Weekend Java Awards 12.05.15

Apologetics Award: “The Case for the Crusades” – If anyone ever tells you how Christianity promotes oppression, and says “What about the Crusades?”, you may point them to this article, which will point them to a better book.

Writing Award: “Why More Practice Can Make Your Writing Worse” – The key isn’t necessarily writing more…it’s training yourself to write better as you write more.

Preaching Award: “A Video Interview with Martyn Lloyd Jones” – I’m not sure how helpful MLJ’s advice is for discerning a call to preach, but it’s amazing to see video footage of this brilliant, anointed, and surprisingly mumbly man.

A Glimpse of Truth Award: “Some go to Church, Others go to Crossfit” – As the secular world searches for the term “worldview”, they stumble to describe the meaning of religion in a world of non-theistic cults.

Fun Award: “If Beatles Songs Were Written in Elizabethan Times” – Tim wrote this awhile back, and I loved it. I got most of these right…but I’m still puzzled on a few.

Theology Award: “When to Pull the Heretic Card” – “As I have said before, we are not justified by precision alone. We are justified by faith alone. That doesn’t just include the fact that we’ve done bad things, but it also includes the fact that we have believed – and still do believe – some bad things.”

Books and Lit Award – “The NY Times 10 Best Fiction Books of 2015” – I’ve never heard of any of them, but I suppose these writers know what they’re talking about. It’s at least much superior to the pathetic Good Reads list of 2015, where the publishing industry decides what we read, then we vote for it. Harper Lee’s embarrassing unpublished and unfinished manuscript? Come on, people.

Spiritual Life Award: “Your Suffering is Working For Your” – I need to read this this week – John Piper on his classic message to those who suffer: it’s not meaningless.

Christianity and Culture Award: “4 Theses on ‘Thoughts and Prayers’ in Tragedy” – Culture vulture Andy Crouch with a pitch perfect response to the recent hullabaloo.

Church Leadership Award: “Do More Better” – The church leadership award this week goes to Tim Challies’ new book, “Do More Better”. It’s not propaganda for me to say that I read this book two weeks ago, and it’s already changed my life. I wrote Tim and told him, “This isn’t a book I read. It’s a book I DID.” And it’s true. Tim is someone I admire for his stewardship in everyday life – he’s able to get a mind-boggling amount done, with a kingdom mindset. This book describes, step by step, exactly how he does it. I think he’s found his wheelhouse, here. This, to me, is his best book yet. A great gift to the church, and one every church leaders should read.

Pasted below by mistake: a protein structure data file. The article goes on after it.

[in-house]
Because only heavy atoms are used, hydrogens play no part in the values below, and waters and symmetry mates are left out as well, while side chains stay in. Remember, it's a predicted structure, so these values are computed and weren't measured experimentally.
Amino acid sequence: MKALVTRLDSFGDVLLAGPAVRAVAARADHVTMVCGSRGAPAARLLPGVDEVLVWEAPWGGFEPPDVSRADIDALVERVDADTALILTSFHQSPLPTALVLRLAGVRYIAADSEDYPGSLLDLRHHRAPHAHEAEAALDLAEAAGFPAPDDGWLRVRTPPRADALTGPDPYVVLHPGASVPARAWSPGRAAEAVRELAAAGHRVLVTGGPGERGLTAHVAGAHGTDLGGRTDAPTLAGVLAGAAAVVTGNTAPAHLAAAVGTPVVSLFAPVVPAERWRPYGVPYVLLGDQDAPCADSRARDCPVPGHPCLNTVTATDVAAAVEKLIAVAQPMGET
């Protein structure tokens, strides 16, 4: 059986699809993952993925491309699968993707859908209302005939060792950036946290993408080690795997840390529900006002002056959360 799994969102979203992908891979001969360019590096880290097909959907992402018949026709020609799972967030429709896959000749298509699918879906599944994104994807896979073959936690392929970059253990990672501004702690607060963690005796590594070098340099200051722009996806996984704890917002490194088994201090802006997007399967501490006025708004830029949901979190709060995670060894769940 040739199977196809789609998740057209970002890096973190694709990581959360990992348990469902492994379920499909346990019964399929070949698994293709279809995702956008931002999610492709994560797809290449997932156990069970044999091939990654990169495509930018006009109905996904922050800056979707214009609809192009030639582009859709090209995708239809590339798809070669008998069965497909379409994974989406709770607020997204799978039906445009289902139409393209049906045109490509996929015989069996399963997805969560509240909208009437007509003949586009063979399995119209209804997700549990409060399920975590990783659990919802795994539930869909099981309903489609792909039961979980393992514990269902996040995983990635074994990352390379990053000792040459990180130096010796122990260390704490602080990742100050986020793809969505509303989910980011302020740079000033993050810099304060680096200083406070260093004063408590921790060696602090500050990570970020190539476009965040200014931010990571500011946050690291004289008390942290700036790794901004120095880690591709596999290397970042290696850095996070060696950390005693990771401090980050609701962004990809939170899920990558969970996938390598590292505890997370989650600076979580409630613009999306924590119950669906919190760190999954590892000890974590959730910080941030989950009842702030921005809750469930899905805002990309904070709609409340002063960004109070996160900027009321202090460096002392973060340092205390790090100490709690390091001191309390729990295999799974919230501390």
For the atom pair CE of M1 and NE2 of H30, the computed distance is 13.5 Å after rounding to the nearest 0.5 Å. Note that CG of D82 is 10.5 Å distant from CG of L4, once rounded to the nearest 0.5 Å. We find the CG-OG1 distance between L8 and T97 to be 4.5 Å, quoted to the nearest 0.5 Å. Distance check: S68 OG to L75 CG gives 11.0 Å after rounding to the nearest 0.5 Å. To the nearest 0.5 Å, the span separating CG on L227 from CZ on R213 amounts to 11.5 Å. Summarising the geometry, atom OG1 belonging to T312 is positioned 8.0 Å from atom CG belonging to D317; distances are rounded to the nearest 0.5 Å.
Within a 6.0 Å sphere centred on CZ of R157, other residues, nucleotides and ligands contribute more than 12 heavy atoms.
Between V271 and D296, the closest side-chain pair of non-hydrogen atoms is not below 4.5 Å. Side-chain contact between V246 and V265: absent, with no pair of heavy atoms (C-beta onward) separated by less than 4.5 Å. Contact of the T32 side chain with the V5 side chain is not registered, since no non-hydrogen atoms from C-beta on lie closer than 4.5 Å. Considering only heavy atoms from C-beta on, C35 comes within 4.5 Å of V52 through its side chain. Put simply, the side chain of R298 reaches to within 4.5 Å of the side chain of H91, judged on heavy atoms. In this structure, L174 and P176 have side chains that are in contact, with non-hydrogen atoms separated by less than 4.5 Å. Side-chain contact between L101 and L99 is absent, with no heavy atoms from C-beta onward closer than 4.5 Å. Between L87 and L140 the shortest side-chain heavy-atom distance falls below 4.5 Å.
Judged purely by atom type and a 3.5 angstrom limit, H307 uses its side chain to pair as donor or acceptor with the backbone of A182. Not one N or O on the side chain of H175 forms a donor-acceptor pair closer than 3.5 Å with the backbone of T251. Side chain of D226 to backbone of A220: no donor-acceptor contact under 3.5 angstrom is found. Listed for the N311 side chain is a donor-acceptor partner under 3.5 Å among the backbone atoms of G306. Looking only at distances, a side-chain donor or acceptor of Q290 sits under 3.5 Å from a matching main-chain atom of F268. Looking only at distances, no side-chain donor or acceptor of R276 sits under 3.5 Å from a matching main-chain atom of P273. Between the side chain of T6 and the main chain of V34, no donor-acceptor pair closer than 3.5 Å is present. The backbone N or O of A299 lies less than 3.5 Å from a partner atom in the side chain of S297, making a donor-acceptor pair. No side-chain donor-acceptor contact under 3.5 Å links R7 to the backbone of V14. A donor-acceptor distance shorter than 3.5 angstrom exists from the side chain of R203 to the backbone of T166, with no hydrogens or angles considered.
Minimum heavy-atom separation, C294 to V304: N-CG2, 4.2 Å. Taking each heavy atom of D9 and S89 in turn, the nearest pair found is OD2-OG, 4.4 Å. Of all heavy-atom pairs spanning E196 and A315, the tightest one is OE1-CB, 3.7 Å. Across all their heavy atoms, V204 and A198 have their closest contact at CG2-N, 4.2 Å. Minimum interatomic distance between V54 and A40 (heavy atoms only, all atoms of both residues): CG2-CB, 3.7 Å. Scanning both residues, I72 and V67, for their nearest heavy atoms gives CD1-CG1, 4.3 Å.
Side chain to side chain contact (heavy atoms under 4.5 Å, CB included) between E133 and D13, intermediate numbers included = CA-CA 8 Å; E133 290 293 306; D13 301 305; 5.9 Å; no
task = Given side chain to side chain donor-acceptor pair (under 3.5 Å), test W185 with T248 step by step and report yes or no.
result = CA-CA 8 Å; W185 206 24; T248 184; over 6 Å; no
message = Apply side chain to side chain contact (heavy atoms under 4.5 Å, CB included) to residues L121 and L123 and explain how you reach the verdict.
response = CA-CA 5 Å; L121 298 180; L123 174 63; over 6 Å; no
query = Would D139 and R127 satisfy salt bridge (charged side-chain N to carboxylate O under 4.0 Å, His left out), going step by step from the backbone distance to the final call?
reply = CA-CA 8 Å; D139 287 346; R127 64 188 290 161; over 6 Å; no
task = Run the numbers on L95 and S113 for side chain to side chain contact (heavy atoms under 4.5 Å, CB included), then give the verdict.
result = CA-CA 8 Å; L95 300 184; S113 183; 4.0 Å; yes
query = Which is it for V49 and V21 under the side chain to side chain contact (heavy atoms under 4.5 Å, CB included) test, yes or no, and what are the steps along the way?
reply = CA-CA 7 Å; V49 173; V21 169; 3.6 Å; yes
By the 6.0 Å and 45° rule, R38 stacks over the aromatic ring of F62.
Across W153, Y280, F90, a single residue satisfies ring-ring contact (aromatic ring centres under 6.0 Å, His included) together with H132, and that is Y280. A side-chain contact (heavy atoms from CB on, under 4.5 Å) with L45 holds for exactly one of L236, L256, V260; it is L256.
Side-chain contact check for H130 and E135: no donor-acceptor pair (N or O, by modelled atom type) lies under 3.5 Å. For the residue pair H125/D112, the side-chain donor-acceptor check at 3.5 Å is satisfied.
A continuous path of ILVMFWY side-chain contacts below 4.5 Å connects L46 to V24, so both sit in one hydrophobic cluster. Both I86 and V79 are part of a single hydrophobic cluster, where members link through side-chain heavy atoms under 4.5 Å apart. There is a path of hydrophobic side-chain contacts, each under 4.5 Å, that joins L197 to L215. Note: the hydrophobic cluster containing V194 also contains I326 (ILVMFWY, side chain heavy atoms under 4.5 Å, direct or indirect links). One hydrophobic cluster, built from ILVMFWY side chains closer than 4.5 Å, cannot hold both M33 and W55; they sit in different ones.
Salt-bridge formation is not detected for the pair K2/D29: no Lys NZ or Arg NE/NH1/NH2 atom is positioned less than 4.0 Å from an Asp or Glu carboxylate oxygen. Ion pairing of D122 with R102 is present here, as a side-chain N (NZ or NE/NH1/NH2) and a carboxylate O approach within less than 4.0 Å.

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Posted in appropriate, Culture, Humor, Leadership, Literature, Preaching, Theology, Uncategorized, Writing.

nick.youthwriter@gmail.com

Nicholas McDonald is a blogger, pastor, and author of the book "Faker: How to Be Real When You're Tempted to Fake it." He studied creative writing and communication at Oxford University and Olivet Nazerene University, and received his M.Div from Gordon Conwell Theological Seminary. He currently resides in Lexington, NC, with his wife and two boys, Caleb and Owen.

6 Comments

  1. The review of the crusades book was, like the reviewer noted of the book itself, provocative. The reviewer seems to overstate the case at the beginning (almost to the point of setting up a straw man) but still the book itself sounds intriguing.

    Thanks too for the shout out on the Beatles’ lyrics. That was a fun one to post.

    • I have read Stark’s wonderfully informative, imbalanced book. Yes, the early Muslims were terrorists and needed to be stopped. Yes, only a couple rag-tag companies of the first Crusaders committed atrocities, while the official companies led by nobles conducted themselves more nobly. Yes, only recently did Muslims use the Crusades as propaganda (since, historically, they started them and finished them successfully). But still, the entire context of pilgrimages to Jerusalem for complete indulgences and of a pope and of a pope as a military recruiter promising heaven for killing infidels – that is all utterly heretical and damning. So it remains true that the Crusades were part and parcel of one of the darkest periods of the church. And Stark doesn’t properly say so. Which I find ridiculous.

  2. Hi, TIm — thanks for another strong collection of links to good articles.
    By the way, the link to the 2015 NYTimes best 10 fiction books was actually a link to their “10 Best Books” –both fiction and NON-fiction. I particularly noticed that because the highlighted release that most intrigues me is an account of the cotton industry’s history. Having grown up on a cotton farm (and picking cotton by hand) decades ago, I’m definitely wanting to read it. Probably wouldn’t have known about it apart from your link, so thank you!

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